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Hittite Deity on Ceramic Tile

Hittite Deity on Ceramic Tile at Ankara Archaeology Museum
Photo: Hittite deity on ceramic tile at Ankara Archaeology Museum.

Most of the narratives embodying Hittite mythology are lost, and the elements that would give a balanced view of Hittite religion are lacking among the tablets recovered at the Hittite capital Hattusa and other Hittite sites: "there are no canonical scriptures, no theological disquisitions or discourses, no aids to private devotion".



The understanding of Hittite mythology depends on readings of surviving stone carvings, deciphering of the iconology represented in seal stones, interpreting ground plans of temples: additionally, there are a few images of deities, for the Hittites often worshipped their gods through Huwasi stones, which represented deities and were treated as sacred objects. Gods were often depicted standing on the backs of their respective beasts, or may have been identifiable in their animal form.

Indo-Hittite Origins?

This tile surprised me strongly reminding Kali and Hindu figures. It is easier to search the traces in the roots of languages:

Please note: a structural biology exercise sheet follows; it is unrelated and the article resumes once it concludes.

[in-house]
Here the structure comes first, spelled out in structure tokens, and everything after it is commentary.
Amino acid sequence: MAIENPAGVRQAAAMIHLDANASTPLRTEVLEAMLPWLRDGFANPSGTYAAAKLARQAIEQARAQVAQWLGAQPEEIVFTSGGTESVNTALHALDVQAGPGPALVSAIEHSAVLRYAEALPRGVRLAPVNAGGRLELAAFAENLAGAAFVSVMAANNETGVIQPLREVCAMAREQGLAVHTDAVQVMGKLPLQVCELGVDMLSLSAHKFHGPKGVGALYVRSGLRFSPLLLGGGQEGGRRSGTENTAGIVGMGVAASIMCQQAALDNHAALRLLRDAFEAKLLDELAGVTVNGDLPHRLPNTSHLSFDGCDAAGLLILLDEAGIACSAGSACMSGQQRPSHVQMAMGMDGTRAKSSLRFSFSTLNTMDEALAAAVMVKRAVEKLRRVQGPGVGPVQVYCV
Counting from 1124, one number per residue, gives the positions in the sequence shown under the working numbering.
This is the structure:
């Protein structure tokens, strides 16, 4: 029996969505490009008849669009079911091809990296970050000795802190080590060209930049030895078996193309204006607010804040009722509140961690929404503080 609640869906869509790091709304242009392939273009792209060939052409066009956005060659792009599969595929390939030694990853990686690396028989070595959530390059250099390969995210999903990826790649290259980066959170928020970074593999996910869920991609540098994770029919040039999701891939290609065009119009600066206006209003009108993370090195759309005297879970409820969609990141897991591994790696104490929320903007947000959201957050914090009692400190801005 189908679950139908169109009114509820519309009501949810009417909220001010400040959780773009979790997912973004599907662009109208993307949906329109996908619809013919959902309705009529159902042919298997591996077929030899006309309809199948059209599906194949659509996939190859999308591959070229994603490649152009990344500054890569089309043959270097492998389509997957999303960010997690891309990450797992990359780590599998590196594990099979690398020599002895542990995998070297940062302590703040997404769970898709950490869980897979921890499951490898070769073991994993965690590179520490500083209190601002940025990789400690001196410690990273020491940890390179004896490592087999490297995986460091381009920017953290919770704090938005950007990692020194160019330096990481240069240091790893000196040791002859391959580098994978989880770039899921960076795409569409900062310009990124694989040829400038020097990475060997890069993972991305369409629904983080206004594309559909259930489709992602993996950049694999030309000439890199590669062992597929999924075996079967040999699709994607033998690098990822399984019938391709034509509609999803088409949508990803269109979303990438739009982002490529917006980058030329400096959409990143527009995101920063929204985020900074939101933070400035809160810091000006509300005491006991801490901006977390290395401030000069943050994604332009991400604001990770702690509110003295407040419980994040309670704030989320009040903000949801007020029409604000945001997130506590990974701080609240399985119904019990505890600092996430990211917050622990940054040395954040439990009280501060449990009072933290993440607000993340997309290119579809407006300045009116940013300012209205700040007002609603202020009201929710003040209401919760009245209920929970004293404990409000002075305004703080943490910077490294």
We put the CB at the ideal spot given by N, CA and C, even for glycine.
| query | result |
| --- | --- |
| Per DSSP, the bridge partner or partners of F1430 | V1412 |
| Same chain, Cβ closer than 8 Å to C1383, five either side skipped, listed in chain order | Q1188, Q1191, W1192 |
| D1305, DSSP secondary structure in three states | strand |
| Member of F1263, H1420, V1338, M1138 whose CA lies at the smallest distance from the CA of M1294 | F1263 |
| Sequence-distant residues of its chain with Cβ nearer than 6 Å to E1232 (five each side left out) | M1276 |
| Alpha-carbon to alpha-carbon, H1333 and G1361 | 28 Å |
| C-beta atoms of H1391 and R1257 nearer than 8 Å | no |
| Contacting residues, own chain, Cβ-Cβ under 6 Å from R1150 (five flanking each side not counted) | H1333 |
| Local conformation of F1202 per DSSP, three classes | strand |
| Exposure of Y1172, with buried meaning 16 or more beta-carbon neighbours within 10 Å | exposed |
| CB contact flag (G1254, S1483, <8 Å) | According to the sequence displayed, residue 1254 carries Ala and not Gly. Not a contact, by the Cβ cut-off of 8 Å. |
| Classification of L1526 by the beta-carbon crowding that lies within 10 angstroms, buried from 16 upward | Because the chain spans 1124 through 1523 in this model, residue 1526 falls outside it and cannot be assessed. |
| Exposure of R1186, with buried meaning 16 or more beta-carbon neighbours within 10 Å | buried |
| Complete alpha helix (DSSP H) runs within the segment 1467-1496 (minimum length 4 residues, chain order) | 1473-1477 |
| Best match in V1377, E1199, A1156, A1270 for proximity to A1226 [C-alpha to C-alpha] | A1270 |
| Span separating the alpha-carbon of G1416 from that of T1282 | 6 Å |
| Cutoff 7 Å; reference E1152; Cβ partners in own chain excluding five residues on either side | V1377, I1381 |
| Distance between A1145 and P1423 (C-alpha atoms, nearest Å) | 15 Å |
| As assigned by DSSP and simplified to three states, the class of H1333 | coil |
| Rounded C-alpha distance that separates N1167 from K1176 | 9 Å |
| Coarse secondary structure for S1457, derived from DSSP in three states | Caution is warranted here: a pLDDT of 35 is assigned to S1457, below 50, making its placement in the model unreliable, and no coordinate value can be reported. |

The Hittites were an ancient Anatolian people who spoke a language of the Anatolian branch of the Indo-European language family and established a kingdom centered at Hattusa in north-central Anatolia (on the Central Anatolian plateau) ca. the 18th century BC.

The fullest identified designation of the Hittite kingdom is "The Land of the City of Hattusa". This description could be applied to either the entire empire, or more narrowly just to the core territory, depending on context. The word "Hatti" is actually an Akkadogram, rather than Hittite; it is never declined according to Hittite grammatical rules. Despite the use of "Hatti", the Hittites should be distinguished from the Hattians, an earlier people who inhabited the same region until the beginning of the 2nd millennium BC, and spoke a non-Indo-European language called Hattic. (The conservative view is that the Hattic language is a language isolate and it is completely different from neighbouring Indo-European and Semitic languages.)

Due to its marked differences in its structure and phonology, some early philologists, most notably Warren Cowgill argued that it should be classified as a sister language to Indo-European languages (Indo-Hittite), rather than a daughter language. By the end of the Hittite Empire, the Hittite language had become a written language of administration and diplomatic correspondence. The population of most of the Hittite Empire by this time spoke Luwian dialects, another Indo-European language of the Anatolian family that had originated to the west of the Hittite region.

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